The Conservatives pulled off a shock by-election victory, and took control of several councils in England, with many results yet to be announced.
After bumper set of elections yesterday, including devolved parliamentary seats in Scotland and Wales, mayoral races in England and Police and Crime Commissioners, the government has enjoyed a series of successful results.
However, it was a night to forget for Labour with council seats lost across England and a humiliating by-election defeat in Hartlepool.
Here’s a round-up of how the day unfolded – for the latest results, go to National World’s politics section.
Local Elections 2021: Results and reactions as Hartlepool turns blue and Labour loses council seats across England
Last updated: Friday, 07 May, 2021, 16:24
A not-so-super Thursday for Labour
Hartlepool has elected a Conservative to represent the town in parliament for the first time in 62 years, and by a decisive margin.
Labour’s Paul Williams was only able to attract 8589 votes to the Conservative’s 15529, meaning what was not long ago considered a safe-seat for Labour now has a Conservative majority of almost 7000.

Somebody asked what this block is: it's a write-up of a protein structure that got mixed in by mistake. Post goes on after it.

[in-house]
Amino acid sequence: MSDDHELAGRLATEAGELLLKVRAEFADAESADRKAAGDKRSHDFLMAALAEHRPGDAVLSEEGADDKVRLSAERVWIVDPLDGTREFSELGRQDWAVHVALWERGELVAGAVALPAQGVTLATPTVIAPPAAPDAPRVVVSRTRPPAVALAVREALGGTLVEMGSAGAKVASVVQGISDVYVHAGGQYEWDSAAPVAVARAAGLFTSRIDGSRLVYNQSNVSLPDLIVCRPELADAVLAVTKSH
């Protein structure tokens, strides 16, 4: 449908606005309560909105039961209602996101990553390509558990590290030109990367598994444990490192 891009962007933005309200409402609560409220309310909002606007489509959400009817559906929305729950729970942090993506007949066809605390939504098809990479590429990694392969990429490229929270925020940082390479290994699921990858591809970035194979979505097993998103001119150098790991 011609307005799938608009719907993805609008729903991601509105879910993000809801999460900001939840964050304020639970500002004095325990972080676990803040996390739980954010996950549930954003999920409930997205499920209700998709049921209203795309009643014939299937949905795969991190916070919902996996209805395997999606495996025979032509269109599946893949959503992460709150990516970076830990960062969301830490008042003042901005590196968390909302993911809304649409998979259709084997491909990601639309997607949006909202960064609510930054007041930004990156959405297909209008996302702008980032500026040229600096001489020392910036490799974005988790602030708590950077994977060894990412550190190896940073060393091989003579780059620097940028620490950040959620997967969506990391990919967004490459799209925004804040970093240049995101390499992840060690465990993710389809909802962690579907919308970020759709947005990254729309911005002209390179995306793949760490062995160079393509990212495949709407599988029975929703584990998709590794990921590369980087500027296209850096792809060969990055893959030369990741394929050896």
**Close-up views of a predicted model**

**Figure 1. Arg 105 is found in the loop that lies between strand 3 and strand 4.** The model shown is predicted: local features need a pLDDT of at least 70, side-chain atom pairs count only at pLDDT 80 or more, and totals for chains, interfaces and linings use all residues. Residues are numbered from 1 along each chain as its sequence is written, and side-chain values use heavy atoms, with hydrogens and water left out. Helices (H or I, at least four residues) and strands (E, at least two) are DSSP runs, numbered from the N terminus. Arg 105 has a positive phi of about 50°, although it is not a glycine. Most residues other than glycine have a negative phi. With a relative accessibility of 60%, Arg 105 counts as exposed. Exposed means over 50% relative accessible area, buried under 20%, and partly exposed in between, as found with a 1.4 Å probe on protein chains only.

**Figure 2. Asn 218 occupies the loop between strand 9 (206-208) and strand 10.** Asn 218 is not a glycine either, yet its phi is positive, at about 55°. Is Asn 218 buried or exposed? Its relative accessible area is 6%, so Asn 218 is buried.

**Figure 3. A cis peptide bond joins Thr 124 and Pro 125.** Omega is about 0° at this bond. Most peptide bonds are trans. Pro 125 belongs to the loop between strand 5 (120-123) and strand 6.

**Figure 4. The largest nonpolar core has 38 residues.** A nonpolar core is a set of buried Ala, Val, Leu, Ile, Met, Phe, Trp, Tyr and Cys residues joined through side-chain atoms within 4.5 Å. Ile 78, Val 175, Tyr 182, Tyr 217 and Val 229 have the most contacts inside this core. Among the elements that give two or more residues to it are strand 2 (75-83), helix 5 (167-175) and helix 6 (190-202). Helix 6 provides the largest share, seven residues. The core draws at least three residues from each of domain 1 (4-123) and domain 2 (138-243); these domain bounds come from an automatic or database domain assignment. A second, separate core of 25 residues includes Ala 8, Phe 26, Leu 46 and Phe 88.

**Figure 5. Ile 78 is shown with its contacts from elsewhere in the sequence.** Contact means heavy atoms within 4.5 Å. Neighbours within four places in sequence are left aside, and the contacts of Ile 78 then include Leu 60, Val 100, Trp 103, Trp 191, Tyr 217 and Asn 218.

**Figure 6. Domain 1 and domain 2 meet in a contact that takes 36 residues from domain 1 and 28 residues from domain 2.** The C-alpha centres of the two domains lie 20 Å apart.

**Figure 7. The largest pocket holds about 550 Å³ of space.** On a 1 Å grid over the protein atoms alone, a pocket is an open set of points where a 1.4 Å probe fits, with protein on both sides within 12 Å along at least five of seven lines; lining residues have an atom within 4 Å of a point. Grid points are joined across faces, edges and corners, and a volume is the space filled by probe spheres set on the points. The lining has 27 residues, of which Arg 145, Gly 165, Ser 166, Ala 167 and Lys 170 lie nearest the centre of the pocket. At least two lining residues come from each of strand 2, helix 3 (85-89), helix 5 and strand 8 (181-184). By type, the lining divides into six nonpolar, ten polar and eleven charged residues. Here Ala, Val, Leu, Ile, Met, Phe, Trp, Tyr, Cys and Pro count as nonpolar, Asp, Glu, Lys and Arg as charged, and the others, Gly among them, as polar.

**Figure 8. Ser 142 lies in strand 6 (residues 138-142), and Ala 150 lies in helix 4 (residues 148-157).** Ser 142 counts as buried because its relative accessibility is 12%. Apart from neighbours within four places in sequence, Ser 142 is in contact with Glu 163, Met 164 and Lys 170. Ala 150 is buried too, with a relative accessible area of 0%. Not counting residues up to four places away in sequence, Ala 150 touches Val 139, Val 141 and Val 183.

Look back through the history books and you will find few results comparable to this one. Not only did the governing party make a by-election gain - which has only happened a handful of times since WW2 - but they did so having been in power for 11 years, and with one of the largest by-election swings in modern political history, around 16 per cent.
Elsewhere in England, things don’t look much better for Labour.
With the bulk of results yet to be announced for council elections, those which have declared haven’t held good news for Labour. They’ve lost control of a council while the Tories have gained control of four.